Gov’t set to push through with 3rd Naia runway
MANILA, Philippines–The government is all set to proceed with a crucial third runway in the busy Ninoy Aquino International Airport in Manila, where air traffic congestion is costing airlines an estimated P7 billion a year.
Transportation Secretary Joseph Abaya said President Aquino already signaled his willingness to proceed with the project, which could be completed by 2016.
Abaya said the next step was to obtain the approval of the board of the National Economic and Development Authority, where only a few more details would need to be addressed.
“We don’t see any problems [in getting the approval] especially with the clear instructions of the President,” Abaya said. The project was initially pegged at P2.4 billion, which includes the cost of building the runway and the expropriation of land near Naia, Abaya said.
“The [affected] residents are about 140. So it’s more manageable, but still challenging,” Abaya explained.
Naia currently has two runways, a so-called primary 3,400-meter runway and a shorter intersecting runway.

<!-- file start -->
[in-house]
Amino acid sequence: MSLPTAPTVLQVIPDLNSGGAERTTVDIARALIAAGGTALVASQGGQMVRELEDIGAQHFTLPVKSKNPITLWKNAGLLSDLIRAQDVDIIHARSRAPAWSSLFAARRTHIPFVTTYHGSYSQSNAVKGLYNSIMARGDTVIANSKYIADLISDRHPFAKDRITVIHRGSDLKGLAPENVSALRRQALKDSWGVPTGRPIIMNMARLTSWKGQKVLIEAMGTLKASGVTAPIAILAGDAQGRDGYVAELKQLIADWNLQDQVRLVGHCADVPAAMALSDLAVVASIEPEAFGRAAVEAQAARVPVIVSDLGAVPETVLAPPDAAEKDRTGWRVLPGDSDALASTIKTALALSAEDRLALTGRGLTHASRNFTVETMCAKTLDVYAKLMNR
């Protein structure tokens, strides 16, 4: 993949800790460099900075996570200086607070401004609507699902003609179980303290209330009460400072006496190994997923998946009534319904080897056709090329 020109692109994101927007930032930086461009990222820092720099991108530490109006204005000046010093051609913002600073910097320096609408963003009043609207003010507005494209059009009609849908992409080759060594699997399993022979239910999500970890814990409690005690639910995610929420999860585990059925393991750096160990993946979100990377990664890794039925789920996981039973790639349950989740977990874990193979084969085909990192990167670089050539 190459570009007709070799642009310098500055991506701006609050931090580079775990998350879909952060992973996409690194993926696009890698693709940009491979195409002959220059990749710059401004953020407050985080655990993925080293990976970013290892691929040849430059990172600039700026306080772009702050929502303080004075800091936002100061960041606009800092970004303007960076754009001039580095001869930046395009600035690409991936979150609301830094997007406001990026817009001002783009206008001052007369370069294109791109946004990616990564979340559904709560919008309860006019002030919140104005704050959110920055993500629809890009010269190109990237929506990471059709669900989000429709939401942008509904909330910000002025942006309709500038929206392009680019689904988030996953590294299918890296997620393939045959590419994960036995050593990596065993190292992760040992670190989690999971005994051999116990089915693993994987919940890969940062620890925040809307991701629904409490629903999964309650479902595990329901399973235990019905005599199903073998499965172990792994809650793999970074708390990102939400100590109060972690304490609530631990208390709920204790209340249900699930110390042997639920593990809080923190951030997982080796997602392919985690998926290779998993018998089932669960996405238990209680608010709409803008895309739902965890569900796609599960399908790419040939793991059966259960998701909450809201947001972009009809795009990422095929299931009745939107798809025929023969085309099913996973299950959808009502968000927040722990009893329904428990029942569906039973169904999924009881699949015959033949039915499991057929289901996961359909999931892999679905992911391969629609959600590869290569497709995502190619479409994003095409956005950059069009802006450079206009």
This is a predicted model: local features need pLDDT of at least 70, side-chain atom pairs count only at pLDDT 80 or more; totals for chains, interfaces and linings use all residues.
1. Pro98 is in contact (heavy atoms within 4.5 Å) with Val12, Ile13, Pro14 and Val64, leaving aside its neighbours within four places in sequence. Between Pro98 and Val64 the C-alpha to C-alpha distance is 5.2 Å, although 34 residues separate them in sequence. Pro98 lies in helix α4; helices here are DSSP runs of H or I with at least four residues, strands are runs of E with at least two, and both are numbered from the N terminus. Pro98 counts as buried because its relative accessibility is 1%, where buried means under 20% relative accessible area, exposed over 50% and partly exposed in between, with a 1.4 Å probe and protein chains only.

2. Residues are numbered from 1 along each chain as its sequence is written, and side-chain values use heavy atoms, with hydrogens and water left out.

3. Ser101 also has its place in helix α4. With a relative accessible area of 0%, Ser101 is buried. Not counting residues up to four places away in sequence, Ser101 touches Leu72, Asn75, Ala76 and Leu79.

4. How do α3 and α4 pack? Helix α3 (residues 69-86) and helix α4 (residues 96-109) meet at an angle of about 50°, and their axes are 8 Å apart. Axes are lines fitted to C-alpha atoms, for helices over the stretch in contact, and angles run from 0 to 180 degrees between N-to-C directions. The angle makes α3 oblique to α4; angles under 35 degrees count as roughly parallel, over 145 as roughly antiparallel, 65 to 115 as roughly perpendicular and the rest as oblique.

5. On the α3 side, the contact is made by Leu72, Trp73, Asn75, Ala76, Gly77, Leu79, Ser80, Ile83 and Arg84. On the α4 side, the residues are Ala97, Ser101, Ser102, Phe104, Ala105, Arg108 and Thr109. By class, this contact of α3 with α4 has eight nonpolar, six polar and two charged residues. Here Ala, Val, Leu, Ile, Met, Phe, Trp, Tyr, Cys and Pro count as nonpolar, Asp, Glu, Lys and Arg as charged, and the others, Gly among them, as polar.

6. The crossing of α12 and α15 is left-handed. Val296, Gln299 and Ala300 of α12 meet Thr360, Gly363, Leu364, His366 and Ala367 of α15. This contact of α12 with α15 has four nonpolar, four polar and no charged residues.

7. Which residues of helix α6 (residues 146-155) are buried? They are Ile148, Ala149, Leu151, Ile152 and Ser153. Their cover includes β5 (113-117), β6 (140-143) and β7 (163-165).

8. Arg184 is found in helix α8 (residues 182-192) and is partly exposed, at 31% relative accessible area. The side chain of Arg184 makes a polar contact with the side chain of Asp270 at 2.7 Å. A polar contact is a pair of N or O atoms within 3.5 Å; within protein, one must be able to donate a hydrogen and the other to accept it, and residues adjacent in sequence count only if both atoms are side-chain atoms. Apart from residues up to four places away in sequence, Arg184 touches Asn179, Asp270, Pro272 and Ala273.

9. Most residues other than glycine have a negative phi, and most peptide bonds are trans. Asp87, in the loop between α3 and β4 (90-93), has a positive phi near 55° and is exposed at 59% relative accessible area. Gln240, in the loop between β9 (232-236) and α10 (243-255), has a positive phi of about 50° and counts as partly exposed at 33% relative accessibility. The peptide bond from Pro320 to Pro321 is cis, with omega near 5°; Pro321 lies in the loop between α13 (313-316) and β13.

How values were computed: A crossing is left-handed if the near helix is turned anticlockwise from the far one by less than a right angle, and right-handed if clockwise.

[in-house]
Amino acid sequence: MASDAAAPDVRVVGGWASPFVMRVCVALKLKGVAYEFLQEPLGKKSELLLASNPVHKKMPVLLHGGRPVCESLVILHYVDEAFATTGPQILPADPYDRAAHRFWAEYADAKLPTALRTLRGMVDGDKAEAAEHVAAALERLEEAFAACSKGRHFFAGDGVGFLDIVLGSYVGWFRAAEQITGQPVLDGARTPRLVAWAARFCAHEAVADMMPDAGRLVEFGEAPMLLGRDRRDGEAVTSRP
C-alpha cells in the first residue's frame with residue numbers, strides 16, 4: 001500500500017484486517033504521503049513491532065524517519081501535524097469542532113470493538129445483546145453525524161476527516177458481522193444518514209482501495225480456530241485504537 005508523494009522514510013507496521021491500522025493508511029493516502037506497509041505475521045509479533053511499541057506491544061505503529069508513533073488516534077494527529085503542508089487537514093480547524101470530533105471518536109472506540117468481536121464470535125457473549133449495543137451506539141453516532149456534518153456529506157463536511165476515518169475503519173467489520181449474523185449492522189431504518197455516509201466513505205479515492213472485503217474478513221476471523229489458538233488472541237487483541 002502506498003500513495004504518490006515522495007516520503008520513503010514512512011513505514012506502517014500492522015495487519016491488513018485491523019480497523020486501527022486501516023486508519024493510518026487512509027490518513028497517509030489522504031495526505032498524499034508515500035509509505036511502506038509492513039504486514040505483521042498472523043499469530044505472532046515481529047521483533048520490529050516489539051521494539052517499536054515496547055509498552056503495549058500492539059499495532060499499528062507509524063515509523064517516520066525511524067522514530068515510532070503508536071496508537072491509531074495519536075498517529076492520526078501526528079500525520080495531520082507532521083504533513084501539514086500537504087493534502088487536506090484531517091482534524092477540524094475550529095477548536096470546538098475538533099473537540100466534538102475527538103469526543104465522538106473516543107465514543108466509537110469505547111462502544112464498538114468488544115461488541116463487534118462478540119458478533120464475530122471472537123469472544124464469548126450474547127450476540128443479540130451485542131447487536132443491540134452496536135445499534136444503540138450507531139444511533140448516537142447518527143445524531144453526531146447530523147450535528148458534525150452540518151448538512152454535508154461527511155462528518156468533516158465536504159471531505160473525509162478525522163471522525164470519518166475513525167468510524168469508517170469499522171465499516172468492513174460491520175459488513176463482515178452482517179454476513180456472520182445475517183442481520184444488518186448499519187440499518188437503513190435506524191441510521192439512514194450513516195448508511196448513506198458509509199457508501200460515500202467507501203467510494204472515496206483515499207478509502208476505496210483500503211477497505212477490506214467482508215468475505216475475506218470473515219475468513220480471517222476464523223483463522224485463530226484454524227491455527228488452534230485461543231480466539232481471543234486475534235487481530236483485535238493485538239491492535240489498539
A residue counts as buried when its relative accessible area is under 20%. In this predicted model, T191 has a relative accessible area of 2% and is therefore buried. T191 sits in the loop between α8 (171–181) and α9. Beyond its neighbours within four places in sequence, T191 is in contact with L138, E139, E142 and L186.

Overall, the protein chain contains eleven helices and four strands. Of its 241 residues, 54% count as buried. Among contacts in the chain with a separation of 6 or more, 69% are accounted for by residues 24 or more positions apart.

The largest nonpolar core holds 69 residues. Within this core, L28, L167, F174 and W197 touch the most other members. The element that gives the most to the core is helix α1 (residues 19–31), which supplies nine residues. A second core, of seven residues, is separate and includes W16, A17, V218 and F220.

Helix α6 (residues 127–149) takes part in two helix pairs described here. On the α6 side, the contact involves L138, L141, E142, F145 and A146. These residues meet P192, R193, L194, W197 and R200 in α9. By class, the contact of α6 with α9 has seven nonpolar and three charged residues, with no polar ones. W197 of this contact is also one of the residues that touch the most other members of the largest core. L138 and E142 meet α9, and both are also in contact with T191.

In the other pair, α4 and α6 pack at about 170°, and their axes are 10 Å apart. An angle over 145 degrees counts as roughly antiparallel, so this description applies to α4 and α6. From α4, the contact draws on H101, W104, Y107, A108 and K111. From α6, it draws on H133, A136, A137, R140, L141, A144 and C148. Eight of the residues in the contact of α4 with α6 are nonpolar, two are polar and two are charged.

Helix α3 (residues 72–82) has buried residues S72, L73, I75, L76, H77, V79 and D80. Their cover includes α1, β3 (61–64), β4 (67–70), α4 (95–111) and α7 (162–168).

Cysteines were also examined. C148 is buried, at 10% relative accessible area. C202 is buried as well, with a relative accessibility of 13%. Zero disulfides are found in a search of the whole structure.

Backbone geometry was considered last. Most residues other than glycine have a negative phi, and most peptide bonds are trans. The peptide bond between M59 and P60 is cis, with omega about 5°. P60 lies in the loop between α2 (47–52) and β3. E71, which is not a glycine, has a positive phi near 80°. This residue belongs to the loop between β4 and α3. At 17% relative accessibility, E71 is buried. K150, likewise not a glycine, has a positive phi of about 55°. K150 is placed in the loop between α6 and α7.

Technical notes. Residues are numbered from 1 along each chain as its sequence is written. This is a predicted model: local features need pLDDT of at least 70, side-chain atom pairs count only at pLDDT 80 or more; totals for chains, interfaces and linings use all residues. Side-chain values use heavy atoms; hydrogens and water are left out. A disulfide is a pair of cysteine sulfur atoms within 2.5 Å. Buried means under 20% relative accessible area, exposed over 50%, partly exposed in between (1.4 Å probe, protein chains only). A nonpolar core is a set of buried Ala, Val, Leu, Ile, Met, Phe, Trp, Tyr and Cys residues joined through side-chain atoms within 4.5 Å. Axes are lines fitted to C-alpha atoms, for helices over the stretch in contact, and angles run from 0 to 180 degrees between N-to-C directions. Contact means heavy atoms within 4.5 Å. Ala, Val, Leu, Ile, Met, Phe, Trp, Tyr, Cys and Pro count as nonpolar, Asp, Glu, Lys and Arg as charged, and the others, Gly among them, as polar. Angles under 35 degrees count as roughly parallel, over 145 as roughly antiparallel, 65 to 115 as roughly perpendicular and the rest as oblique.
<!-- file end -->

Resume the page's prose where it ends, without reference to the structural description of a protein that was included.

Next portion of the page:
The current proposal for another 2,100-kilometer parallel runway was earlier suggested by conglomerate San Miguel Corp., which owns an indirect 49-percent stake in flag carrier Philippine Airlines. The new runway will allow Naia to increase flight events by at least 40 percent from about 40 takeoff and landings an hour to about 60, said John Andrews, deputy director general of the Civil Aviation Authority of the Philippines.
A new parallel runway will be a boon to the Naia complex, which handled a total of 32.9 million passengers last year, making it the world’s 45th-busiest airport, according to data obtained from Canada-based Airports Council International.
It is also a relatively quick solution, given that the proposed $10-billion international airport at Sangley Point in Cavite may not be completed before 2025, according to the Japan International Cooperation Agency, which is conducting the feasibility study.
Airlines are naturally supportive of the new runway proposal, Andrews said. Planes unable to immediately land, for example, may need to burn extra amounts of fuel apart from causing delays in flight, adding to costs.
Andrews said airlines using Naia spent about P3.7 billion in added fuel expenses and another P3.7 billion from “engine costs and cost of aircraft time” associated with congestion.
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